My sense is that WTI will go below $80 a barrel and Brent could hit as low as $80. This implies real pain for many countries, not least Russia, which will in turn encourage the next development.


  4. Increased geopolitical risk. The nightmare scenario for a cynical few is not that Isis spirals out of control in Iraq and Syria, but that Iran does a deal with the US and Kurdish forces manage to put the Islamic terrorists back in their box.

    That would spell a deal on nuclear weapons, increased Iranian and Iraqi oil exports and make Saudi Arabia uncomfortable. All of these developments could be torpedoed by a geopolitical outburst which will have the effect of increasing oil prices.


  5. Lurking in the background is a strong pulse – almost a drumbeat – of global deflation. The downward pressure on costs is being driven by many factors including plentiful cheap goods from China, massive debt levels in the West and relatively low productivity growth trends in the developed world (helped along by anaemic capital investment).

    This shows up in low price inflation, low wage growth and concern about austerity. It’s not going away any time soon and could much, much worse. Cue my last ‘near certainty’.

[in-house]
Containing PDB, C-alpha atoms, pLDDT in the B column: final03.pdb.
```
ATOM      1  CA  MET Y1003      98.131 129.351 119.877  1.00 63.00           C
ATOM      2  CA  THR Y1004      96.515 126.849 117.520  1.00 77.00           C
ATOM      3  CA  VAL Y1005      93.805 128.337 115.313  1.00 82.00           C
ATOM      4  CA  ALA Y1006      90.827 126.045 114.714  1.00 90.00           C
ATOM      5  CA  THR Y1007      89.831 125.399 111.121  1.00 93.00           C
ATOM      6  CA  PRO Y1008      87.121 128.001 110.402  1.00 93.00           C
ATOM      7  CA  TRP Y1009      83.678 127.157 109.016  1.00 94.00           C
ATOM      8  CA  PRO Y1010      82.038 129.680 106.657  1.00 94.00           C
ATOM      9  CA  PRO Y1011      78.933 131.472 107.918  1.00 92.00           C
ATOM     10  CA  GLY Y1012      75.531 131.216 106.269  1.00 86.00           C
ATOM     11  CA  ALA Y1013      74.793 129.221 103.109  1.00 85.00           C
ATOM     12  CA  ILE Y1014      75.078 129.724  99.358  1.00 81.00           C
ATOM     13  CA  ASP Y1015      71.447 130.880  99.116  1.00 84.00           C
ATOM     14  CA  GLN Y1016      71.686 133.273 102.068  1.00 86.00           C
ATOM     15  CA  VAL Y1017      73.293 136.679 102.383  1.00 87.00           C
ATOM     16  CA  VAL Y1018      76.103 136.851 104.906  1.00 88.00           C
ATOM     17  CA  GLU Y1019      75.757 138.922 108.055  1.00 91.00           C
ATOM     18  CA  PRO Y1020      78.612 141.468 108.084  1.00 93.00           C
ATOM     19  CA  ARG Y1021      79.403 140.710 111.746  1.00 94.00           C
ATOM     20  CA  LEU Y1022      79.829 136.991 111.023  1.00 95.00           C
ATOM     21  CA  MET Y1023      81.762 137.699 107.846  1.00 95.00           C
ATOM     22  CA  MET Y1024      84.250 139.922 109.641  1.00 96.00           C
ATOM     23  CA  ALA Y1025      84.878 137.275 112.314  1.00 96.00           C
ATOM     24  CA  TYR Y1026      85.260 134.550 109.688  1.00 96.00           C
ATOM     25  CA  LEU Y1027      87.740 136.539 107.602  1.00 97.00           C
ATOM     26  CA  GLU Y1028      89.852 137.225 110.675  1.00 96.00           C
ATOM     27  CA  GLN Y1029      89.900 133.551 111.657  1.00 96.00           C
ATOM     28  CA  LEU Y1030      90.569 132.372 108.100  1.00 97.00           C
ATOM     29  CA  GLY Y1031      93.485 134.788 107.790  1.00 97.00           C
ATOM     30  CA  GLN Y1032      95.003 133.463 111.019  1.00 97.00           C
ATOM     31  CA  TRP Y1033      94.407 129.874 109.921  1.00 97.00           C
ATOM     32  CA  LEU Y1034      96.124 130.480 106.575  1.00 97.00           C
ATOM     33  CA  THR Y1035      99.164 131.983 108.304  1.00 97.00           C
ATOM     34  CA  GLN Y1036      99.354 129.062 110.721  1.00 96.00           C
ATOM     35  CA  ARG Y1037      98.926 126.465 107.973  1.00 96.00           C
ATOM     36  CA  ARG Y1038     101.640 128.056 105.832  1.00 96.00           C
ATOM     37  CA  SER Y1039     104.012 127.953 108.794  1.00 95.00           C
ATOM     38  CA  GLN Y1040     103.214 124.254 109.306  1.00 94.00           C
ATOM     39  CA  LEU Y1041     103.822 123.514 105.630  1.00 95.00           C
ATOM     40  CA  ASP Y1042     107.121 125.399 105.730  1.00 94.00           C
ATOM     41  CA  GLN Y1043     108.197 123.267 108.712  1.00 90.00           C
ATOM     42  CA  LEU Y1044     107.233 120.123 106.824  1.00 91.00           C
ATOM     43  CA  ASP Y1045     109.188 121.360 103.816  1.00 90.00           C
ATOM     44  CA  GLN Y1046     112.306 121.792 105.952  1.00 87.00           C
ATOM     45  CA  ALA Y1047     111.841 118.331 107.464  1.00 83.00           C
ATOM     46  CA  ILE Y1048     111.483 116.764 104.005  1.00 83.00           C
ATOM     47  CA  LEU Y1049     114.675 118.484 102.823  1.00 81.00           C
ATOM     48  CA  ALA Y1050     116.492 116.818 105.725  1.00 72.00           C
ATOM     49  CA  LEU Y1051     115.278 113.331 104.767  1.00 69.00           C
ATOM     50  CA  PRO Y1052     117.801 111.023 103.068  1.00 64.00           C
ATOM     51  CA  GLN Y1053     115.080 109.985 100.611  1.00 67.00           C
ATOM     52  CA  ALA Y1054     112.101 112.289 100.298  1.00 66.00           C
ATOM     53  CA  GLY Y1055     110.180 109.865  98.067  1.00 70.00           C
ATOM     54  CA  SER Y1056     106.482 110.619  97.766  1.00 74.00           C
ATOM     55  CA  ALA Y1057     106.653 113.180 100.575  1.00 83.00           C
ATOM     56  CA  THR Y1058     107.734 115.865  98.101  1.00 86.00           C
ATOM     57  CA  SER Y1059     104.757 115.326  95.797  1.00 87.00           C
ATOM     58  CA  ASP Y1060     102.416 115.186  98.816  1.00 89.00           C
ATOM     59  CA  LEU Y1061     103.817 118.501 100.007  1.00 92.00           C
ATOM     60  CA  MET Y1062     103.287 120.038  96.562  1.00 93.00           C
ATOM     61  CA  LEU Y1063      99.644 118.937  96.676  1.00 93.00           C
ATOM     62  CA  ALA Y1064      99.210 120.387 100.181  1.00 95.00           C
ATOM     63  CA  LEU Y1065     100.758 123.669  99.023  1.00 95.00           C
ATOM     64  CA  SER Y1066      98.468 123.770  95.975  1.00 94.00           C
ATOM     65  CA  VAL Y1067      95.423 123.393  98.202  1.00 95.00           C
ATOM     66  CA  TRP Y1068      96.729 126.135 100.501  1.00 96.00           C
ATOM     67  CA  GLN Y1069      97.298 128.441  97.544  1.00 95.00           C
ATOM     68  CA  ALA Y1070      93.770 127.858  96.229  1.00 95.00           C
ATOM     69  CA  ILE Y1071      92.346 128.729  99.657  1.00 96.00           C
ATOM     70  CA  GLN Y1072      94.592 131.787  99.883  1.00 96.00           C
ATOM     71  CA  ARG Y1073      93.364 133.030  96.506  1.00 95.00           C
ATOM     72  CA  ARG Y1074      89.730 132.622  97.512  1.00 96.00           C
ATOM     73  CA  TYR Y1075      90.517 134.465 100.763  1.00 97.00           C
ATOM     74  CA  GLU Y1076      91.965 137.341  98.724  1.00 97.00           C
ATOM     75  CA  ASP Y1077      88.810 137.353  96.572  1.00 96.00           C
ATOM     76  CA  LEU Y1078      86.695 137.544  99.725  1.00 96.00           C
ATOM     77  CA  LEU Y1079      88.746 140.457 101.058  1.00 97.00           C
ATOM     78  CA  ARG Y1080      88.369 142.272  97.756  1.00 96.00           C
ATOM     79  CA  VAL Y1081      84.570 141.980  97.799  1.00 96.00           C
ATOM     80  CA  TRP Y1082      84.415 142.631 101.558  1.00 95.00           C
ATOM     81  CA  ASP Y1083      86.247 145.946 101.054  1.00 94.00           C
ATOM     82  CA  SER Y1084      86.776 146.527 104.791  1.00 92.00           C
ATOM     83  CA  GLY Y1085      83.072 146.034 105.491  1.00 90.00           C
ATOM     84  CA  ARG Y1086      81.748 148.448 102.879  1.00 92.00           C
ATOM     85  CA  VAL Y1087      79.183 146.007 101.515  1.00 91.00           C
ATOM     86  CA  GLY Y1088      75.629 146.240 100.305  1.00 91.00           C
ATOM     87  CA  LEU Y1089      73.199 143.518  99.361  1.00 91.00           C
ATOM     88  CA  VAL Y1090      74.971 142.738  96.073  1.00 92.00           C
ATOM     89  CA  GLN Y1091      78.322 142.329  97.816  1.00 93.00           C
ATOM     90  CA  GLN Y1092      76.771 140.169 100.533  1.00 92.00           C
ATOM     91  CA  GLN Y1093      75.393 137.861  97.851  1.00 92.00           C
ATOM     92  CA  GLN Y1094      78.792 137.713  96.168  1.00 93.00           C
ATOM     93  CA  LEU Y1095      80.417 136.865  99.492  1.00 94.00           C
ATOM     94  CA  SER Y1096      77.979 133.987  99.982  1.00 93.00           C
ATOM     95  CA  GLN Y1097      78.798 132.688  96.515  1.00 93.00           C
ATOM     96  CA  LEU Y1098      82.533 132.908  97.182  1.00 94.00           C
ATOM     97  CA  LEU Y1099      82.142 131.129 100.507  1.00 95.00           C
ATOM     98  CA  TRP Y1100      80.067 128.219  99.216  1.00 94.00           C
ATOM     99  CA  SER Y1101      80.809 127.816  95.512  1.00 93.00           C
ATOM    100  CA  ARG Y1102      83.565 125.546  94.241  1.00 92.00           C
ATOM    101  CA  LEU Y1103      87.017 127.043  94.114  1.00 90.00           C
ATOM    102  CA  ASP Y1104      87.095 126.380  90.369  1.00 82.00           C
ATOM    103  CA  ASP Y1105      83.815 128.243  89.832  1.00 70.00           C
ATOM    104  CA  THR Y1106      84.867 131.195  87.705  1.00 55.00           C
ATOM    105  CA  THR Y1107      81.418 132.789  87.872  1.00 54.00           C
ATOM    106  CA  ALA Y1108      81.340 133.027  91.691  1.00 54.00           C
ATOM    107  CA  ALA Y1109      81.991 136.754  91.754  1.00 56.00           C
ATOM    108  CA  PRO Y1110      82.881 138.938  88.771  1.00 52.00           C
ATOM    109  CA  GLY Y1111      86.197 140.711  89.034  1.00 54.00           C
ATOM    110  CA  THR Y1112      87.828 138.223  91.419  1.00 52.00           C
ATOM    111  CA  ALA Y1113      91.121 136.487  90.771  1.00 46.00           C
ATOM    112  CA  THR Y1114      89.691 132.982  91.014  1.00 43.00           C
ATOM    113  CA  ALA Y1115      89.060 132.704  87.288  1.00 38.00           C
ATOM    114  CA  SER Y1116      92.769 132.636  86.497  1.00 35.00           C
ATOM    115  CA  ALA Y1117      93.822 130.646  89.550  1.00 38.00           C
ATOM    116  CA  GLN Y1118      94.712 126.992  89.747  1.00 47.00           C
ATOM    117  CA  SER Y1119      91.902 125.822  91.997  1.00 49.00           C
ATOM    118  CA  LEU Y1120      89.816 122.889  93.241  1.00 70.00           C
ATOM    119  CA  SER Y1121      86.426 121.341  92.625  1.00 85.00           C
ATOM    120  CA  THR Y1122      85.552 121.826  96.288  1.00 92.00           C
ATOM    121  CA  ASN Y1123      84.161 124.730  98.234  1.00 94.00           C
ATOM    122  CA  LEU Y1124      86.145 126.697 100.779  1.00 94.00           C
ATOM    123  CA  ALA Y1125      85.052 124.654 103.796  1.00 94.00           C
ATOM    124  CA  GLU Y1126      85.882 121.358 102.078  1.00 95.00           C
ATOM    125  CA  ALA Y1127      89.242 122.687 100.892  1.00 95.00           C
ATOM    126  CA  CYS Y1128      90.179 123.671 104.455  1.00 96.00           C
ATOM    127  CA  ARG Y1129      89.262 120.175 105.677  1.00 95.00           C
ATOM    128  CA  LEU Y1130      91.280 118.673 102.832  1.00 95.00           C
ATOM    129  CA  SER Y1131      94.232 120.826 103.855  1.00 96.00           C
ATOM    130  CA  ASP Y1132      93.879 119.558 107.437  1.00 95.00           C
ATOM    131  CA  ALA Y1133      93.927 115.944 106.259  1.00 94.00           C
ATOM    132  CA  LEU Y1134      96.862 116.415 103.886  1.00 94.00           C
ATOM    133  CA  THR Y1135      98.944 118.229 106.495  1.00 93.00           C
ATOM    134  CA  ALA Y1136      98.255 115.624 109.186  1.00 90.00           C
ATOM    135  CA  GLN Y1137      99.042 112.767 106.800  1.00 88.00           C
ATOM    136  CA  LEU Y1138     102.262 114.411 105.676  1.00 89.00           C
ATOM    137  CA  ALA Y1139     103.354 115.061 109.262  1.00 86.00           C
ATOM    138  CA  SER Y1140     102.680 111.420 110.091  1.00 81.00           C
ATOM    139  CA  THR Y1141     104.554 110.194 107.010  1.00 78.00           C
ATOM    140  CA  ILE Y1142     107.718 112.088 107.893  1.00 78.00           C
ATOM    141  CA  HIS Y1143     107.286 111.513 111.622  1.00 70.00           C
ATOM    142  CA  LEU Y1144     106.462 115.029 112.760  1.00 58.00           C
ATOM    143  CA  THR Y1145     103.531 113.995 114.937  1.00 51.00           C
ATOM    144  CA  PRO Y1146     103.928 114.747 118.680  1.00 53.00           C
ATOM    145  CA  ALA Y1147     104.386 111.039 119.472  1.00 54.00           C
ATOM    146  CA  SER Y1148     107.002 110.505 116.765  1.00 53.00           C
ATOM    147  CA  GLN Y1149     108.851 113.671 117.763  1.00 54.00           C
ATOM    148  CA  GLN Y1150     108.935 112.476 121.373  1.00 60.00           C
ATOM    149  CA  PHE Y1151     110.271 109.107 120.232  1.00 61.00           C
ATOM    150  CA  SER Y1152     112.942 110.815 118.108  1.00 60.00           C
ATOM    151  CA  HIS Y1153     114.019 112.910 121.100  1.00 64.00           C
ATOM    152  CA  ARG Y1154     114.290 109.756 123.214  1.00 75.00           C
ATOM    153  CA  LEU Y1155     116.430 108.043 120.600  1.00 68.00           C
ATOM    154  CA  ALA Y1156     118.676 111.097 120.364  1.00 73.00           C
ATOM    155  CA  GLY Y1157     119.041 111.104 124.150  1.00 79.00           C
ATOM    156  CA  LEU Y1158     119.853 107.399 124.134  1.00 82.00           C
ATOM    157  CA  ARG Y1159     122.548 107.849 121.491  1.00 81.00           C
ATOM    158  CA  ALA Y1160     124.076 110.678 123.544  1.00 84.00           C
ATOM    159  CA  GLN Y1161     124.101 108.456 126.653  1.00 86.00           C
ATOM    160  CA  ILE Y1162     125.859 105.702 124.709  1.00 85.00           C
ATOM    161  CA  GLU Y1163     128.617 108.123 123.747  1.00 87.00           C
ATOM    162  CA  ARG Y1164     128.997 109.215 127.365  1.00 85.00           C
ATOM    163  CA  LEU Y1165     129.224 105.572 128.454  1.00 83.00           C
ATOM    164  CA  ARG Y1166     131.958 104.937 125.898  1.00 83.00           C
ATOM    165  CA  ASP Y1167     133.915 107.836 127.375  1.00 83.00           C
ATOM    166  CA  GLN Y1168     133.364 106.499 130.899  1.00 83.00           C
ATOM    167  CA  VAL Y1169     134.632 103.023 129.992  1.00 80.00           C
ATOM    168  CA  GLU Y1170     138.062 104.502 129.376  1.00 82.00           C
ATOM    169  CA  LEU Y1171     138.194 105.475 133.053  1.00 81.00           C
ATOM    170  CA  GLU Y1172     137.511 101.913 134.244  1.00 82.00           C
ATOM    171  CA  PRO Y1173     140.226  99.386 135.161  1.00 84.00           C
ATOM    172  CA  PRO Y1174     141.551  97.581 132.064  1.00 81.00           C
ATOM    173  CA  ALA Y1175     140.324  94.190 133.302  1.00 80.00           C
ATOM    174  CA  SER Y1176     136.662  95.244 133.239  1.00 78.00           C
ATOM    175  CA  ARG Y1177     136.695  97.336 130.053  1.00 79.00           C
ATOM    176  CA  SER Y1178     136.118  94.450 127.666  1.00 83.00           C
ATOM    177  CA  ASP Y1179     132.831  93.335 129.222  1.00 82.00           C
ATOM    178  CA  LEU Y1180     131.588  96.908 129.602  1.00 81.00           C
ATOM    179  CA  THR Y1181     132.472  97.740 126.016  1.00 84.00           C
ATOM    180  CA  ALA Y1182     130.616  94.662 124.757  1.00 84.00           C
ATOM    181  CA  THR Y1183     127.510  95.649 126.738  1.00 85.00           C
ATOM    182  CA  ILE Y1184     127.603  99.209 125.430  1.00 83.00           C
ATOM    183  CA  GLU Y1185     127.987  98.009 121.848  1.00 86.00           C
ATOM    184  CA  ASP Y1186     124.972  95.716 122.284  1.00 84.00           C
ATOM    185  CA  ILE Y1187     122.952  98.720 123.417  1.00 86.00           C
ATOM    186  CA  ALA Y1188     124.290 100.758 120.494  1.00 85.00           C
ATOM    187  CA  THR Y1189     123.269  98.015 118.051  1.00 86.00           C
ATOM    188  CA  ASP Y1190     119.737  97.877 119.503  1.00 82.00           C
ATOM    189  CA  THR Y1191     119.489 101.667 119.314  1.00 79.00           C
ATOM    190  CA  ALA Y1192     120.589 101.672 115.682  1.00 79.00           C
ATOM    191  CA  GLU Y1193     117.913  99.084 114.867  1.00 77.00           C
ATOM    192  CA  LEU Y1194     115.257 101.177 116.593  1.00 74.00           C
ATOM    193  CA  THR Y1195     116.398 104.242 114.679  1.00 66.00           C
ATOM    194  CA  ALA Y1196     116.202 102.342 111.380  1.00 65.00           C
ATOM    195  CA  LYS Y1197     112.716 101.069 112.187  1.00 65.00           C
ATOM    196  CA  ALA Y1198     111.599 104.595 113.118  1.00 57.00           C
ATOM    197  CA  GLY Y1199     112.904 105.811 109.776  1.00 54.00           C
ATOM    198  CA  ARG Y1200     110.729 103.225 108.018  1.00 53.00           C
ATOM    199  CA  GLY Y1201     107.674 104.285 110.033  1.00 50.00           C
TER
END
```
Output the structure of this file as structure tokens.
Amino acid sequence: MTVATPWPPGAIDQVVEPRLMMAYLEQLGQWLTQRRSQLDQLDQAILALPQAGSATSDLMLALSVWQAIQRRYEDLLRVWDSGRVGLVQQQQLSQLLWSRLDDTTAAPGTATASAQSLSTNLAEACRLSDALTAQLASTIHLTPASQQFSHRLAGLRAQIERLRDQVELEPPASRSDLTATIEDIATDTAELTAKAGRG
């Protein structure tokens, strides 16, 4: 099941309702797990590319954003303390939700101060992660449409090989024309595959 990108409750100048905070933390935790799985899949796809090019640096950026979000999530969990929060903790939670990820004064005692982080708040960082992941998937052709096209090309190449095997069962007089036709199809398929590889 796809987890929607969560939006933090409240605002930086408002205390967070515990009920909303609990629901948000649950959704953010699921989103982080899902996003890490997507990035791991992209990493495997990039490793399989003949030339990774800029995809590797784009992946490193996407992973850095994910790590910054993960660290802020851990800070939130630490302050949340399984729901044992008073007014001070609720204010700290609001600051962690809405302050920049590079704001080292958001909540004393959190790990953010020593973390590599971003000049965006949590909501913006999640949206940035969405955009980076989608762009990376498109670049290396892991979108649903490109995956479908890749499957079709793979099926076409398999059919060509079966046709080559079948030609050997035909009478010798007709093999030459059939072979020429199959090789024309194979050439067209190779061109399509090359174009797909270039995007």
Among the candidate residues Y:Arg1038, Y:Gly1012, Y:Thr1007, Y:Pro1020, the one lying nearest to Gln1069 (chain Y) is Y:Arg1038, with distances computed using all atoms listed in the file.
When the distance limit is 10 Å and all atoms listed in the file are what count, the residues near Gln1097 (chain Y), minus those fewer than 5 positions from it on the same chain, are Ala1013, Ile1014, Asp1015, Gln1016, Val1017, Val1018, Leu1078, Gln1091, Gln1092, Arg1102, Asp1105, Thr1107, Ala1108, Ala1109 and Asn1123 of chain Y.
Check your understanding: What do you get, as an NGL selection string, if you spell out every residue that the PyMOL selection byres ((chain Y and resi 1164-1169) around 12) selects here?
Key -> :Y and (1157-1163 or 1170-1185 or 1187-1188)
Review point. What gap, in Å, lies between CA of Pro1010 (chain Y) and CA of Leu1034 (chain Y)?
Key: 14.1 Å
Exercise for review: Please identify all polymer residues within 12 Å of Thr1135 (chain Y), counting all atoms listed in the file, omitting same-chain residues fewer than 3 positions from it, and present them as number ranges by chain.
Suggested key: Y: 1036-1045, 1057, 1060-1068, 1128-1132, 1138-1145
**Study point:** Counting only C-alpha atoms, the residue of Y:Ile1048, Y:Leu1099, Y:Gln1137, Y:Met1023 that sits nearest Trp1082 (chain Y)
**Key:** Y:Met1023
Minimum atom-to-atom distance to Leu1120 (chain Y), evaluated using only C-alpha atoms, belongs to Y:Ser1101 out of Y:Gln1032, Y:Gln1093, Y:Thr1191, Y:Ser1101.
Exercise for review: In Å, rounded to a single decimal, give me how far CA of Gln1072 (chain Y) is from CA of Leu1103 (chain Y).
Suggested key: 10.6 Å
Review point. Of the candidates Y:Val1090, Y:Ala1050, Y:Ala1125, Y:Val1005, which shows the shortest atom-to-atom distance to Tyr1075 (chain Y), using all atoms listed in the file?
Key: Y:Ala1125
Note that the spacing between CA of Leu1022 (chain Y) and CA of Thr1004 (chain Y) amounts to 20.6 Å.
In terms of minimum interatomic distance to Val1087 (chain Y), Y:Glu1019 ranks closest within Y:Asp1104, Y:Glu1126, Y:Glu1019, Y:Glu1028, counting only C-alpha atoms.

6. More QE is coming. Quantitative easing is a form of monetary intervention designed to pump money liquidity into the global financial system via central bank balance sheets.

    In simple terms if no one in the real world will spend, central banks will do it via their money market operations. The aim is to get growth rates back at trend so central banks can start to taper their intervention. Unfortunately, factor five – deflation – is a recurring problem.

    Every time an economy looks like it might break free from QE (the US and the UK spring to mind) someone else’s problems drags us all back down again. That someone else is the euro zone where you should expect QE in 2015.